Does Novak Djokovic get enough credit for his achievements in tennis?

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As he sealed victory in last month’s French Open final, and as the final beads of sweat fell to the hot baked clay of Roland Garros, Novak Djokovic climbed to the summit of tennis. With 23 Grand Slam titles — more than any other male player — the Serbian now stands clear of his two great career rivals Roger Federer and Rafael Nadal.

In those terms, Djokovic is the greatest men’s tennis player of all time. And yet it feels as though both Federer and Nadal still outstrip him in terms of their popularity and impact on the sport. The Serbian’s grip on the world number one ranking and consistency over the last decade and a half is unrivalled, but still, it feels as though Djokovic has something to prove.

As Wimbledon gets underway, with Djokovic the firm favourite in the men’s Wimbledon 2023 odds, it’s a chance for him to extend his record of titles. But it seems like no matter how many Grand Slam crowns he ultimately amasses, Djokovic will still be third in the popularity stakes.

There’s no denying that the 36-year-old courts controversy. His response to the coronavirus pandemic lost him a lot of fans, and he has always been forthright in his views. Much of his success is owed to that same bullheadedness, but the trade-off is that many won’t hold him in the same esteem as Federer or Nadal — two players who have done and said all the right things throughout their respective careers.

But there is a sense that, due to his personality, and the various controversies that have clung to him over the years, Djokovic does not get the credit owed to him from a purely sporting standpoint. After all, his personal opinions and politics shouldn’t detract from his sporting merit, and few in the history of the game boast a career as glittering with honours as Djokovic’s.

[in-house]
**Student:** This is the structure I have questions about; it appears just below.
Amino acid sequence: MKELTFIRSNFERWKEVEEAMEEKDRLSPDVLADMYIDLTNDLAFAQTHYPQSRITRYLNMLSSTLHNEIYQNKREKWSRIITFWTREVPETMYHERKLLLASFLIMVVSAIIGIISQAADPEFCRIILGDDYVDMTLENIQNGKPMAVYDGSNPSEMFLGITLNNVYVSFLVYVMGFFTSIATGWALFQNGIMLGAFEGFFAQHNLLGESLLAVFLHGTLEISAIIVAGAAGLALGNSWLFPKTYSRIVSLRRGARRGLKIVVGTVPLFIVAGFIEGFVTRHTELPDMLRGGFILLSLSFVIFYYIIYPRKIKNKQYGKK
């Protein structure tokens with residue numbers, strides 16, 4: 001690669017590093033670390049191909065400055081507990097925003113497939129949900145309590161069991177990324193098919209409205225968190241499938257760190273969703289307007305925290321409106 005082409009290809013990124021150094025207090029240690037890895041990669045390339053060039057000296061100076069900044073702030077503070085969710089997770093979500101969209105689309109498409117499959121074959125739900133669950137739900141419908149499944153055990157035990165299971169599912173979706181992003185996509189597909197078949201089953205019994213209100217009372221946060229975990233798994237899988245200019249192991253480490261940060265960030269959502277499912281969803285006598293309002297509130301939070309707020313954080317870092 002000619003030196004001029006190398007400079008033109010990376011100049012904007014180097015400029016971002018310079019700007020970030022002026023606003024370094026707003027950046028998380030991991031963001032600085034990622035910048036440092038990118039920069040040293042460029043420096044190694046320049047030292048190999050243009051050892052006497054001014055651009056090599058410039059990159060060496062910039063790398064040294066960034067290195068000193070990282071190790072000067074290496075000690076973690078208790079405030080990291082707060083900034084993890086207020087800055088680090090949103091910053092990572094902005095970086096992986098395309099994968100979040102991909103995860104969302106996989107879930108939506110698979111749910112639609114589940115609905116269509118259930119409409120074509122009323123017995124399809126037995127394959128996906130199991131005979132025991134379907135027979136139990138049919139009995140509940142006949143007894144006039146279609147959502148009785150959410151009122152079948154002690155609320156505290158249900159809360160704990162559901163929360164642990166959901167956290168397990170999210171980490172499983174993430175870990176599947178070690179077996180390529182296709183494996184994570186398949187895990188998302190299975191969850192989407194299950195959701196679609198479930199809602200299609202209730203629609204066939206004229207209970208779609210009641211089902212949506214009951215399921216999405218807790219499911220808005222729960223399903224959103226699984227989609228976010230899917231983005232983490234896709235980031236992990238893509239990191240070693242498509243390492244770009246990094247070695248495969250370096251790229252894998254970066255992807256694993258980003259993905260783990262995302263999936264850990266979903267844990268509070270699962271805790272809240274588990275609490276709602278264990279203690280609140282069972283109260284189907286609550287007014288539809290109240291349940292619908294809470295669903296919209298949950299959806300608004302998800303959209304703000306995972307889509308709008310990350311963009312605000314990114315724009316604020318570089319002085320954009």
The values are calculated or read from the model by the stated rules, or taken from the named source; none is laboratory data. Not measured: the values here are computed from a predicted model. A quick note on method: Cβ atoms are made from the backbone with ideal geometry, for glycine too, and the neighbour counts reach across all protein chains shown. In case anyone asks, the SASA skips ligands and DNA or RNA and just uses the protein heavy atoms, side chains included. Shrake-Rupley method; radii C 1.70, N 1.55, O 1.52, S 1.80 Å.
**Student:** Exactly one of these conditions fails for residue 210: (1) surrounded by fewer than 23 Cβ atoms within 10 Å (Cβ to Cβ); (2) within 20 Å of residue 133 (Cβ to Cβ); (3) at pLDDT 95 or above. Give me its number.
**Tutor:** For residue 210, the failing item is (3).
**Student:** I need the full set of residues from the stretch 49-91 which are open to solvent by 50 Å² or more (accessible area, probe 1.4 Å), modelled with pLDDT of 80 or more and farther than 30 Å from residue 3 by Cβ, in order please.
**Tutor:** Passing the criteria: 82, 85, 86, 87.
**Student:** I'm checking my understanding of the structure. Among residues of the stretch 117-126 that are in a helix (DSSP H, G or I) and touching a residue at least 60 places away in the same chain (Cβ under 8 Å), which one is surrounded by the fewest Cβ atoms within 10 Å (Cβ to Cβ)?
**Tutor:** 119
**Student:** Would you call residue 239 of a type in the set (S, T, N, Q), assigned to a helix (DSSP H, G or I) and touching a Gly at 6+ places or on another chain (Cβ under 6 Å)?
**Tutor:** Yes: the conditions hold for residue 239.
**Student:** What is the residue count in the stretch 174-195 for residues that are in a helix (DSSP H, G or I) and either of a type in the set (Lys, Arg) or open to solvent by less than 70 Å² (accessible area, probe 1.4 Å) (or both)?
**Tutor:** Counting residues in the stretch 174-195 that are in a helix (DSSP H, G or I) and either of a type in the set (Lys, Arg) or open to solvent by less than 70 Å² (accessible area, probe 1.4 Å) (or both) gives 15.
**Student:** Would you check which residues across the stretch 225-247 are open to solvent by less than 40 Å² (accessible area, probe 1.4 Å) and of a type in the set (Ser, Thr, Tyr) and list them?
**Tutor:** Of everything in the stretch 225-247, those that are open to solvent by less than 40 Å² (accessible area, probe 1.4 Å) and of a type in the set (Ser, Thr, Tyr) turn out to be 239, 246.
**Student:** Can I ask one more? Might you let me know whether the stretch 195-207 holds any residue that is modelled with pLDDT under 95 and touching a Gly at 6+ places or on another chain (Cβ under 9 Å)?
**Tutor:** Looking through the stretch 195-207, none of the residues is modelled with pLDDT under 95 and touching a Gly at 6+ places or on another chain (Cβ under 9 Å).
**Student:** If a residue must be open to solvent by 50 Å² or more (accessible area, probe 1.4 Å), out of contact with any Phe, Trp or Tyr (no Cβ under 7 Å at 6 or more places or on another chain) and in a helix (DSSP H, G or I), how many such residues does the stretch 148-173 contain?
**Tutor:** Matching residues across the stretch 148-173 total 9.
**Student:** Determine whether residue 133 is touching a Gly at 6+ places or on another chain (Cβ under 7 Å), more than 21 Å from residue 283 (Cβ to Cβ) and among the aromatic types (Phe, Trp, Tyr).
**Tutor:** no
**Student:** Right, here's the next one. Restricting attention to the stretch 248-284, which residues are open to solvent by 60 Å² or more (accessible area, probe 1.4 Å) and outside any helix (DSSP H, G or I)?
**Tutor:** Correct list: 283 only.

Should he win Wimbledon this year, it will be his fifth successive triumph at The Championships, equalling the record shared by Federer and Bjorn Borg. It would also be his eighth Wimbledon victory in total, again equalling Federer’s tally.

But ask anyone who the king of SW19 is, and they’ll firmly tell you it is the Swiss player. Whether it’s the elegant style in which Federer played the game, or just the fact that Djokovic has not been able to endear himself to the London crowds in the same way, the Serbian will always play second fiddle to Federer on the green grass of Wimbledon, even if he does eventually pull clear in terms of titles won.

Of course, Djokovic is no total pariah. He still has legions of fans who will cheer him to the bitter end, but it’s among more neutral sections of the tennis community that he seems to be held in lower regard than the two legends of the sport he has now surpassed. Such is his single-mindedness, Djokovic won’t care about any of this. He’d trade all the popularity in the world for a few more Grand Slam titles. But with no end in sight to his dominance in tennis, there may come a day when even Djokovic’s most ardent detractors are forced to admit through gritted teeth that, yes, this is the greatest tennis player of all time.